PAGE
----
1. Clearly provide that employees’ ability to take paid time off is not a form of additional wages for services performed, but perhaps part of the employer’s promise to provide a flexible work schedule—including employees’ ability to decide when and how much time to take off;

  2. Spell out the rights and obligations of both employee and employer and the consequences of failing to schedule time off;

  3. In practice, allow sufficient opportunity for employees to take time off, or to work fewer hours in lieu of taking time off; and

  4. Be administered fairly so that it neither becomes a de facto “use it or lose it policy” nor results in inequities, such as where one employee works many hours, taking minimal time off, and another works fewer hours and takes more time off.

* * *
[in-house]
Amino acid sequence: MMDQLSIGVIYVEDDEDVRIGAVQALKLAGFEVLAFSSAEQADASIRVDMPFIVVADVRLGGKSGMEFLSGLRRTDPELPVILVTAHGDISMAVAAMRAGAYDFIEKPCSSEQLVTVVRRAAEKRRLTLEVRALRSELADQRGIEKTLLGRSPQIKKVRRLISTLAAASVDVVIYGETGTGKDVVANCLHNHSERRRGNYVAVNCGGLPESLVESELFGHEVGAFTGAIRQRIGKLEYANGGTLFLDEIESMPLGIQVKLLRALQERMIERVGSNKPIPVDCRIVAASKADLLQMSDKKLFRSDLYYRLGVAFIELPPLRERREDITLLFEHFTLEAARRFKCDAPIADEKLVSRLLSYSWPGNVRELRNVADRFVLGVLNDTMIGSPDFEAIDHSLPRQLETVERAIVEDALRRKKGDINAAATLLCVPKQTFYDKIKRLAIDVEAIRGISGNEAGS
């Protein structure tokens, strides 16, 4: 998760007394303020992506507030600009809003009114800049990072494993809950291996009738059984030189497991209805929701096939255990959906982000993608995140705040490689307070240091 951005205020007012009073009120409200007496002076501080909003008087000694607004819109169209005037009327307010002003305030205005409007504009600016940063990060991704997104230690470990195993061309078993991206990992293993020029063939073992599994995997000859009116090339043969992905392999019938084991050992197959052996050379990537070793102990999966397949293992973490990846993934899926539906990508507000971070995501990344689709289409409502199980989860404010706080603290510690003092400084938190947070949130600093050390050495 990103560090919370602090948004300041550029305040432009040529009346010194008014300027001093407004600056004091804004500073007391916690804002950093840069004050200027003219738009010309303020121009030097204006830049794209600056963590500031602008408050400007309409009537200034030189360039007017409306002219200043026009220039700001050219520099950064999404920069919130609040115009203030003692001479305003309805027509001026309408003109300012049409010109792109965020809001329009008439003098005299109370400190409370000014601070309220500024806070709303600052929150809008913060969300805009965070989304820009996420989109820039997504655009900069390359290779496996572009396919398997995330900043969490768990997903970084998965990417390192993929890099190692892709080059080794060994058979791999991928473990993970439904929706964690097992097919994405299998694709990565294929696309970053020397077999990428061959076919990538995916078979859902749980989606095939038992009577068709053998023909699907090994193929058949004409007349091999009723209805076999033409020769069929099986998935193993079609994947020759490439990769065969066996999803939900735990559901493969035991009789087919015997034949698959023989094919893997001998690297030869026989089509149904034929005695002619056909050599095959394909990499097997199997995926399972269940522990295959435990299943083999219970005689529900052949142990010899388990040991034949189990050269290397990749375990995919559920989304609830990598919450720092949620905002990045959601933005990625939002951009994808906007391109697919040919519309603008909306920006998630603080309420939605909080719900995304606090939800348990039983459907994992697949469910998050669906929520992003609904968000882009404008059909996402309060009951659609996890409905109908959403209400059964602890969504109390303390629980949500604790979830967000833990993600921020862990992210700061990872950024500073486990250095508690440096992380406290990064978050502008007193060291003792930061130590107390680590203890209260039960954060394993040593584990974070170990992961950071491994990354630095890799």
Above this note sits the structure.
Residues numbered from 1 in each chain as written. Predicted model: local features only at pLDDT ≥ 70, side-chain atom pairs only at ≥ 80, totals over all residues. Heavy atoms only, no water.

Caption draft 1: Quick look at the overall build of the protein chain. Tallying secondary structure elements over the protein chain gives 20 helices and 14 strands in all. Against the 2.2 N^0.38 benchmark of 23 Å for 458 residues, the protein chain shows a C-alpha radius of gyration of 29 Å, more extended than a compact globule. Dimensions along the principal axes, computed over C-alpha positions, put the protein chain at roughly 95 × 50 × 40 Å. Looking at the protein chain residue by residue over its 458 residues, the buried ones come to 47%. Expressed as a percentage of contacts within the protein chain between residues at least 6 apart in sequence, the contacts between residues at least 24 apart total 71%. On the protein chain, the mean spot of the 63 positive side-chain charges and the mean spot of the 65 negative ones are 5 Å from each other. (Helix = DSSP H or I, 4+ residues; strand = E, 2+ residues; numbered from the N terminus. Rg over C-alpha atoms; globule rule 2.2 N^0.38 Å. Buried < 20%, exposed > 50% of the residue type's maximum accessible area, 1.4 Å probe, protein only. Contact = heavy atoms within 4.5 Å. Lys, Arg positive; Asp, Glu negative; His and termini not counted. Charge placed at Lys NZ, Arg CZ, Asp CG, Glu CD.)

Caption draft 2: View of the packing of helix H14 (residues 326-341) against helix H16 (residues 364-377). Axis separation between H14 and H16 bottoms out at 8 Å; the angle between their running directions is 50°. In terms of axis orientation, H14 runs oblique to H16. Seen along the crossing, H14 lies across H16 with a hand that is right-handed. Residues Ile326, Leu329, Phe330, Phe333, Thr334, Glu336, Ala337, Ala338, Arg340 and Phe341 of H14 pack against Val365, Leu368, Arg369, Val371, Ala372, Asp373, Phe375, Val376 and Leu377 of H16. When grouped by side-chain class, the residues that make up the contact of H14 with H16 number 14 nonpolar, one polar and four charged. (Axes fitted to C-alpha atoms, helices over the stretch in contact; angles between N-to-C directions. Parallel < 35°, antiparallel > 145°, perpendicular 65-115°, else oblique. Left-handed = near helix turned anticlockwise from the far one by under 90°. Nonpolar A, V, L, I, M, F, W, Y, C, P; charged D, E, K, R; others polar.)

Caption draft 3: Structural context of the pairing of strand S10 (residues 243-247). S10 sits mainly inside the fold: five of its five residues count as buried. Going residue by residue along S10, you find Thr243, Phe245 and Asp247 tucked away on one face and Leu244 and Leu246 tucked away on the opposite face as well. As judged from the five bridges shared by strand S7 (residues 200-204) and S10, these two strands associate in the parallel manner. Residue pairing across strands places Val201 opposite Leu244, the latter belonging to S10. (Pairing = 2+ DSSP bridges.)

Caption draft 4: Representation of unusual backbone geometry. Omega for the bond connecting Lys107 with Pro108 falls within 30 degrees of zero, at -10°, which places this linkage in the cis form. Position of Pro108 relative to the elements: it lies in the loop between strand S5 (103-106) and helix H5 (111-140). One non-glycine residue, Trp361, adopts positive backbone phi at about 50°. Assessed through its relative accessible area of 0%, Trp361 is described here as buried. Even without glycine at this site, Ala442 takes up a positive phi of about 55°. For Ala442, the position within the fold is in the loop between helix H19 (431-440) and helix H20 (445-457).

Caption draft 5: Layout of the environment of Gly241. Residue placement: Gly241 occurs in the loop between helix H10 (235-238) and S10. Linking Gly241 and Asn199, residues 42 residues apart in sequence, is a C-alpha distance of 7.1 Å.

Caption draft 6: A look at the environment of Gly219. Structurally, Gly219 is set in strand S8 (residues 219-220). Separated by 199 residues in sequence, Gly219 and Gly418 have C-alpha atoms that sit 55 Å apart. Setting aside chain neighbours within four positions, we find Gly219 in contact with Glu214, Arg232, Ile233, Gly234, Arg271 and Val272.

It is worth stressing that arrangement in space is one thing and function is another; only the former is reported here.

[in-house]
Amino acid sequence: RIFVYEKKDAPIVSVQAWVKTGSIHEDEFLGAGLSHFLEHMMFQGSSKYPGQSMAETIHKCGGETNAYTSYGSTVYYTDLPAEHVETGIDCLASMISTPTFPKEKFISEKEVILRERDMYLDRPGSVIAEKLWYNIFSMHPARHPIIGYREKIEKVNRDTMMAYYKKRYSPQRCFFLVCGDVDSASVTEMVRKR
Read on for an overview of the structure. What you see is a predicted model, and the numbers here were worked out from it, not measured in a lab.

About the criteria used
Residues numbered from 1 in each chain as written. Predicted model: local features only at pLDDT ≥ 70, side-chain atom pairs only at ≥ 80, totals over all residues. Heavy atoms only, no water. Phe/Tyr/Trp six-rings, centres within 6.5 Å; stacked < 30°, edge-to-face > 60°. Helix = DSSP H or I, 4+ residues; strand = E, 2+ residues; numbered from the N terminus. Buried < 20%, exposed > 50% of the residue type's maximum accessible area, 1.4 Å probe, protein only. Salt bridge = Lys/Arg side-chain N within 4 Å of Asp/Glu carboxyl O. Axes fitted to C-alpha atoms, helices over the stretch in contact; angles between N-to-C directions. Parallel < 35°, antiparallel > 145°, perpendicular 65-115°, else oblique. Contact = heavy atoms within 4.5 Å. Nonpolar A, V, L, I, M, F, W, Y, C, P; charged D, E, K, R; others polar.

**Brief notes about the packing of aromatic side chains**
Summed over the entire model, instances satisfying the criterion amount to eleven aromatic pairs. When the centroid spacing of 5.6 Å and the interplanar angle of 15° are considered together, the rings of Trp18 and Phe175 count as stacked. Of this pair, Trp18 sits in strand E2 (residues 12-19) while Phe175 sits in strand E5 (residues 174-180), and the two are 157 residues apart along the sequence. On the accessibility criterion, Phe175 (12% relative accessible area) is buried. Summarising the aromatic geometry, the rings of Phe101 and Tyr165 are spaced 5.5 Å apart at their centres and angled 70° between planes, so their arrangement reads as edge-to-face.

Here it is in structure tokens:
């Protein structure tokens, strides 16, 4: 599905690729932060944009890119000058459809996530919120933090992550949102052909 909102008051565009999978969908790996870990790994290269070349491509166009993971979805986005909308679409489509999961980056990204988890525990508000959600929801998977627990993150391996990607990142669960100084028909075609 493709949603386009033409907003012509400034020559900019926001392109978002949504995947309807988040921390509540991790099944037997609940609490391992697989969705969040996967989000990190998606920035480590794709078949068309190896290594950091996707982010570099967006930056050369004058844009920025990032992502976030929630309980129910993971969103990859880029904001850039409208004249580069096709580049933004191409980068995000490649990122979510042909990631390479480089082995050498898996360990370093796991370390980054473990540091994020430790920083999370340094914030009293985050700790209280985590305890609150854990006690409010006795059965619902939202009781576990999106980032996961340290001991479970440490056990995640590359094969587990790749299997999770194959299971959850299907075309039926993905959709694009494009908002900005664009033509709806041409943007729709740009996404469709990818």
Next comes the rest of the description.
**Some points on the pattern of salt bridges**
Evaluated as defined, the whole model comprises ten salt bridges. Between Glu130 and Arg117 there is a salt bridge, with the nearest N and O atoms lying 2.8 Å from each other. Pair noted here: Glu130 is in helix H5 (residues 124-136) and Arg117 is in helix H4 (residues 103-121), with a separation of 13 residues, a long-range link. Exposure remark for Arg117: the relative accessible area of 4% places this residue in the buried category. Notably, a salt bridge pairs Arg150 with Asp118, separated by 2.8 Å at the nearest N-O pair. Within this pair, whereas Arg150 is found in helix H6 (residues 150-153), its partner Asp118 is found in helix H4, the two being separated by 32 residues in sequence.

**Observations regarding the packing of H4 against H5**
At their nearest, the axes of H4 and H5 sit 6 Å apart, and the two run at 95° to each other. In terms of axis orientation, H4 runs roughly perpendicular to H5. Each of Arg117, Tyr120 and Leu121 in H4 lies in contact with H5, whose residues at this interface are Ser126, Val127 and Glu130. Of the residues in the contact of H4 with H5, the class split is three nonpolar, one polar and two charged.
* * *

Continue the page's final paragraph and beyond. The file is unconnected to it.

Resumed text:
Key Takeaways for Employers

The decision does not prohibit the use of unlimited paid time off policies that do not trigger the obligation to pay accrued time at separation. However, employers with these policies should ensure compliance with the requirements spelled out by the McPherson court.

An unlimited time off policy—and any benefits, limitations, and consequences of such a policy—must be written and clearly communicated to employees. Unwritten or informal policies create risk, as do policies that do not match reality. Employers should review the practical impacts of the unlimited time off policies, ensuring that employees actually have the opportunity to take time off and that their schedules or work demands are not preventing them from doing so.